According to a study, a supermassive black hole in the centre of the Milky Way Galaxy exploded 3.5 million years ago. The black hole is also named as Sagittarius A, or Sgr A* (pronounced Sagittarius A-star). It is about 4.2 million times bigger than the Sun, and it exploded due to nuclear activities, according to a team of scientists at Australia's ARC Centre of Excellence for All-Sky Astrophysics in 3 Dimensions (ASTRO 3-D).
Cosmic bubbles in the Milky Way! 🌌 This @NASAspitzer image shows a cloud of dust and gas filled with bubbles 10 to 30 light-years across, each containing hundreds of thousands of stars.— NASA (@NASA) September 30, 2019
📍Click through for an annotated version pinpointing where they are: https://t.co/GvRoIrKFPb pic.twitter.com/MRzOB7HWD4
The burst is known as a Seyfert flare which resulted in creating two huge 'ionization cones' of radiation which flared to both poles of the galaxy and out into deep space. The researchers reported that the flare was so powerful that it impacted Magellanic Stream - a long trail of gas extending from nearby dwarf galaxies called the Large and Small Magellanic Clouds. According to the Australian-US research team, it lies at an average 200,000 light-years from the Milky Way.
The explosion occurred some 3.5 million years ago, according to the researchers who used data gathered by the Hubble Space Telescope. Researchers said that in galactic terms this is surprisingly recent. Professor Lisa Kewley, Director of ASTRO 3-D said it is a very dramatic event that happened a few million years ago in the history of Milky Way. She said a massive blast of energy and radiation came right of the galactic centre and into the surrounding material. She added that it was lucky that humans don't reside there. The study follows a 2013 research, additionally driven by Bland-Hawthorn, which precluded an atomic starburst as the reason for the gigantic explosive occasion. It had connected the occasion to movement in SgrA*. The researchers noted that more research needs to be done on how black holes evolve, influence and interact with galaxies.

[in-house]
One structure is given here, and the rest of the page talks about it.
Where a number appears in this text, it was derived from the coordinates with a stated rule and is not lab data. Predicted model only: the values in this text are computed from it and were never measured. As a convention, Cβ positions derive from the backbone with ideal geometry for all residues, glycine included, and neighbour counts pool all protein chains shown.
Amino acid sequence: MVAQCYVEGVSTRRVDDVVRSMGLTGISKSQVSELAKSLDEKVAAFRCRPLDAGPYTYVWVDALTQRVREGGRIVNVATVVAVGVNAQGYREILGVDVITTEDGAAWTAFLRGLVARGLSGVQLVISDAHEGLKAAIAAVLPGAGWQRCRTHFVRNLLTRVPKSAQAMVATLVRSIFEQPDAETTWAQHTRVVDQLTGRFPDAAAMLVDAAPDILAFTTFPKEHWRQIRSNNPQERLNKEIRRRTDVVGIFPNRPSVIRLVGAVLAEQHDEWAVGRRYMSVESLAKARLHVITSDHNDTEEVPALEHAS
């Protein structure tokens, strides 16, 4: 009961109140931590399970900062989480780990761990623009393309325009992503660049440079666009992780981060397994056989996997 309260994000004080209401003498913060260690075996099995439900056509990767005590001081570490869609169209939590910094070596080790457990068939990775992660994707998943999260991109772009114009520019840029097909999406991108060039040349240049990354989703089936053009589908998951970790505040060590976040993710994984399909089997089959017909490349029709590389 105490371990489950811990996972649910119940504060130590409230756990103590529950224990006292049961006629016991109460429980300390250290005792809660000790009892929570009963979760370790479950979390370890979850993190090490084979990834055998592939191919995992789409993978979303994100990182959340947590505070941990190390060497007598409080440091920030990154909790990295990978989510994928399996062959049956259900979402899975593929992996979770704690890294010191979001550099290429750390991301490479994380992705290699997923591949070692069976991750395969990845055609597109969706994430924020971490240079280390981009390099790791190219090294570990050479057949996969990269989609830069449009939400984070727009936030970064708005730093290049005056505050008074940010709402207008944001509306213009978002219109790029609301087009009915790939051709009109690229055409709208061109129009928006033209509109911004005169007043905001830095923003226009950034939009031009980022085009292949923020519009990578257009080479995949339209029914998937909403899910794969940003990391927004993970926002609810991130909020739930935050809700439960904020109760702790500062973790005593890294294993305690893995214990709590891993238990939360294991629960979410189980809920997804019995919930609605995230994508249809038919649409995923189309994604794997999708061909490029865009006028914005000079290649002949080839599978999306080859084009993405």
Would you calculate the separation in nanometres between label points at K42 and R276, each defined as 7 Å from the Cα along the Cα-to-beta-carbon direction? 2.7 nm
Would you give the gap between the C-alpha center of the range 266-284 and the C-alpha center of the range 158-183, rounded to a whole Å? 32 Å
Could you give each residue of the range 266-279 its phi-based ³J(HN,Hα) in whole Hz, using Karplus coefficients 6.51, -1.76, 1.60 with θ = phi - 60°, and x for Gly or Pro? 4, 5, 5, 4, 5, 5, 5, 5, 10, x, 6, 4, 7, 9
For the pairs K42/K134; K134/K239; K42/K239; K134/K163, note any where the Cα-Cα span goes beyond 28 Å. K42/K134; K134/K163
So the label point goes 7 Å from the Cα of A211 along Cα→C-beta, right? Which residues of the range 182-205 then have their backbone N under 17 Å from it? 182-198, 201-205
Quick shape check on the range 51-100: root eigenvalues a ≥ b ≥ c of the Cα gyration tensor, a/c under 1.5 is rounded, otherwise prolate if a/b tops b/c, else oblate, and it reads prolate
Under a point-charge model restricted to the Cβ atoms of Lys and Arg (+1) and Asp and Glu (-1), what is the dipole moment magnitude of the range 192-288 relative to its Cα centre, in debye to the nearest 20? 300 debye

(with inputs from PTI)